Parents, this post is your warning…


As parents our days can belong. Dreadfully long when the kids are young.

It’s not until we catch a glimpse of our teens, like toddlers in an old photo, that the passing of time stops us in our tracks.

At that moment we’re reminded that our children really are racing toward childhood’s finish line and they will soon cross over into adulthood.

Why are we speeding through life so fast that it takes a Facebook reminder from years past to bring us to the realization that our kids really are growing up right before our eyes?

As parents our days can be long, but the years are definitely short.

We wanted babies. We wanted a fun and connected family. But ever since our bundles of joy arrived, we’ve struggled to keep up with their daily demands. We race through life without even putting much thought into what we’re doing or why we’re even doing it in the first place.

We must slow down.


In Arizona, photo radar cameras wait to catch speeding offenders in my neighborhood. There is a sign to warn us that the camera is ahead, but sometimes our distracted selves only pay attention after the flash goes off in our face and we’ve been caught racing through life again.

It’s only when we get caught that we realize we missed the warning sign and speeding toward our destination will now cost us.

Pretend that this blog post is that yellow warning sign for you. It’s a friendly reminder to slow the heck down because just ahead your child will be turning 18. He will soon head out the door into the real world and parenting as you know it will be over.

And just like I don’t want to see you get that speeding ticket in the mail, I don’t want you to get to your firstborn’s high school graduation and wonder how it all went so fast. Before speeding, even if it’s 10 miles per hour over the speed limit, you should be well aware of the possible consequences of speeding and know your legal options if caught by a local patrol car.

Everyday distractions keep us from focusing on what’s really important in our families. None of us want to get to the end of this full-time parenting gig and say, I should’ve been more present. Or I should’ve made better choices and decisions to create moments with my child while I had the chance.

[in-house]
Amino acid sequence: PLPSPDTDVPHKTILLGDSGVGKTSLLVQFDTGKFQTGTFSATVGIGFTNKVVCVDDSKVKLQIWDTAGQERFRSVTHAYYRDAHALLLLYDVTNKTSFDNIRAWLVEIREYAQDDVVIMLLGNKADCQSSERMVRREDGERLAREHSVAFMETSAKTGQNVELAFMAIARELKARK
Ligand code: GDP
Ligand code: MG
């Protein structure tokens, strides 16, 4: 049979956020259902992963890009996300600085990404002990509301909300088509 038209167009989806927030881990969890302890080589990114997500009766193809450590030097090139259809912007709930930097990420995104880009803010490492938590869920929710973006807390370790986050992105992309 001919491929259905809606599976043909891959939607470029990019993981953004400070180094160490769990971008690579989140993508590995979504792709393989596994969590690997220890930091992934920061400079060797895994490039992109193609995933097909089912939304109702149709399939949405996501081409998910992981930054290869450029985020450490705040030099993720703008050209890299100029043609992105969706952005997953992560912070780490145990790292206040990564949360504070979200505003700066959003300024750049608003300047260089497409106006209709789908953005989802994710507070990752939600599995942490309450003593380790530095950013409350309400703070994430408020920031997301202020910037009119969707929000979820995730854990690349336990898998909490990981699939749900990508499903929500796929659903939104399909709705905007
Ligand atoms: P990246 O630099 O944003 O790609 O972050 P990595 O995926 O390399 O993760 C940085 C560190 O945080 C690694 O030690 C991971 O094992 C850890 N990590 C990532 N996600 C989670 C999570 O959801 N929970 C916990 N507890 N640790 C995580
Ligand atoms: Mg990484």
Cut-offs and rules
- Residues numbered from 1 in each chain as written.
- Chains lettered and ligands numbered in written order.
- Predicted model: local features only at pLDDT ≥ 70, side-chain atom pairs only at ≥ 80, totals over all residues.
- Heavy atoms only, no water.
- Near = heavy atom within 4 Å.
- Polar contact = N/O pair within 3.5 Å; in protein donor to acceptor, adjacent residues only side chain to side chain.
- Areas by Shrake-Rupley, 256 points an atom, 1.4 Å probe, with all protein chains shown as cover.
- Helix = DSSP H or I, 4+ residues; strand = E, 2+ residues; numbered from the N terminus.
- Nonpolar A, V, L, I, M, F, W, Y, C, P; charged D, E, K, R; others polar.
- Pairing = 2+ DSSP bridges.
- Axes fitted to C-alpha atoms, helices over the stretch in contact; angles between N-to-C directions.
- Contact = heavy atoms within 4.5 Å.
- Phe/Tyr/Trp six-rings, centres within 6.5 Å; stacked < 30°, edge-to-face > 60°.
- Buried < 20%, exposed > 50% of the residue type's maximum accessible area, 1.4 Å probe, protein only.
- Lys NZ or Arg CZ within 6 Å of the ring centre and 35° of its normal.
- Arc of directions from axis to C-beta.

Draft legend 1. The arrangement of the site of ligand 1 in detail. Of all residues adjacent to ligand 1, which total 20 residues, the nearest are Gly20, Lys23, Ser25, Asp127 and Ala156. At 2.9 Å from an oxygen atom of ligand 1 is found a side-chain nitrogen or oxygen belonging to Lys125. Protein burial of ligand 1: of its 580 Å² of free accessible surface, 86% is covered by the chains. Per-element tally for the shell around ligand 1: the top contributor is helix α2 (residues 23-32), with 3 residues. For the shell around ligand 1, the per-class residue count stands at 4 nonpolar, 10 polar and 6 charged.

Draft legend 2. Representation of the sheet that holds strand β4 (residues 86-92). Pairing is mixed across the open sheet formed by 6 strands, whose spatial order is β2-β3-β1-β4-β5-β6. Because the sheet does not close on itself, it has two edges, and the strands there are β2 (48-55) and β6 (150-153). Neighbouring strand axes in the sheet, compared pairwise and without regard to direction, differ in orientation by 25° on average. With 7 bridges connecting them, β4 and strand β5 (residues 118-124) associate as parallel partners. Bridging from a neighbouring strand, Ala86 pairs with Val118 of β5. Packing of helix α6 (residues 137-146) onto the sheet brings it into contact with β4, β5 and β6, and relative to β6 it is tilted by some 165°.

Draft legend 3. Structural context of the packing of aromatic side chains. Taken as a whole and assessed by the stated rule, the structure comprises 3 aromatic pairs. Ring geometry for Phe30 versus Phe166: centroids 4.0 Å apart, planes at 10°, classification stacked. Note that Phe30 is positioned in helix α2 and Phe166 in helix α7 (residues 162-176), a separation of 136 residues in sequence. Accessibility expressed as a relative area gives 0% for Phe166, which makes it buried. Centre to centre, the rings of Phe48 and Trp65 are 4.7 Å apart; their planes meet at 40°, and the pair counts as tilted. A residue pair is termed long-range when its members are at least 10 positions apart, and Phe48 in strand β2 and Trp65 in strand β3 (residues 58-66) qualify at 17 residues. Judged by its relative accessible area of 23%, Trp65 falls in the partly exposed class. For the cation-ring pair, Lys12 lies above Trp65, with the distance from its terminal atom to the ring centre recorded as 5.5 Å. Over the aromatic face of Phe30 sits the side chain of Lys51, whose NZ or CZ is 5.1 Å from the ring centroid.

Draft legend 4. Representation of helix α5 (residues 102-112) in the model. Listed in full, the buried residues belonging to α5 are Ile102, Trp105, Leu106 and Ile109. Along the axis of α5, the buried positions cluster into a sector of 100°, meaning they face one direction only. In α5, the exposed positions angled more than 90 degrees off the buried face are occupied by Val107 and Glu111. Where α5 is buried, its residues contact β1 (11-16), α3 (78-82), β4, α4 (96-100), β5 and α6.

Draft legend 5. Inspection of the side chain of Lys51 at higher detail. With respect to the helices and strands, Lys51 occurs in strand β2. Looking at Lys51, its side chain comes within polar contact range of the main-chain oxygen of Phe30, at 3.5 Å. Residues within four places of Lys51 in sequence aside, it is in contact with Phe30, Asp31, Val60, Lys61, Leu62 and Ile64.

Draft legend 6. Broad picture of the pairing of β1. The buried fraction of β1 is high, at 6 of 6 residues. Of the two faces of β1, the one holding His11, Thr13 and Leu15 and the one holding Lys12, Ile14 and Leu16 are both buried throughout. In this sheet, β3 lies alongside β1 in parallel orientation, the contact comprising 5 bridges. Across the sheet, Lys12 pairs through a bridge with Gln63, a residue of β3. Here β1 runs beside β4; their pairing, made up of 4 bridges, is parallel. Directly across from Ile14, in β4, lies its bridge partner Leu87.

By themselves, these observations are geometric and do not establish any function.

We only get one opportunity to cultivate a childhood, so we must slow down and make the most of the time we have left. Decide today to plan out what you want for your family this year and then the next and then the one after that. Don’t speed through life without an intentional destination or it may just cost you.

Parents our days are long, but they aren’t long enough.


5 replies
  1. Diane
    Diane says:

    Perfect post as I was just thinking this yesterday, after seeing a friend’s granddaughter that reminded me of my little one when she was two! I actually got pretty teared up over it. Still am! LOL


  2. jennibell
    jennibell says:

    Yes, yes, YES!!! Thank you. I suddenly find myself at home for the first time in 5 years. I understood, years ago, why I was home (I had four kiddos to raise!) but now. . .when they are teens. . .?? I’m trying to remember that there is still a role for me and I need to figure it out. My kiddies are giving me glimpses — I have time to play cards with them at night. . .I have time to make dinner most nights. . .our weekends aren’t spent running errand b/c I can get most of that done during the week. . .none of this is exactly “exciting” to me, but how exciting was changing diapers and doing laundry back in the day? Investing in the future — be it when they are toddlers or teens — so incredibly important. I appreciate your reminder.

  3. Leilani
    Leilani says:

    Thank you so much for the remainder. Just tonight my sweet 12 year old young man stood before me and I noticed he had changed so much I’m only 7 months away from a teen and my heart sank a little as I crawled into bed I remembered having this article to read and found myself in tears because life meant to be walked along with not race. Thank you for the warning before I received a ticket.

  4. Connie
    Connie says:

    Message to parents with their babies entering Kindergarden…DO NOT BLINK! And do yourself and child a huge favor, limit electronic (all) time and tread lightly. First sign of irritability, anger from them when they can’t engage, redirect them and do electronic fast. Those of us with kids graduating now, have suffered, negotiated, given in, and drawn the lines as we learned the blessings and cursed this electronic age.


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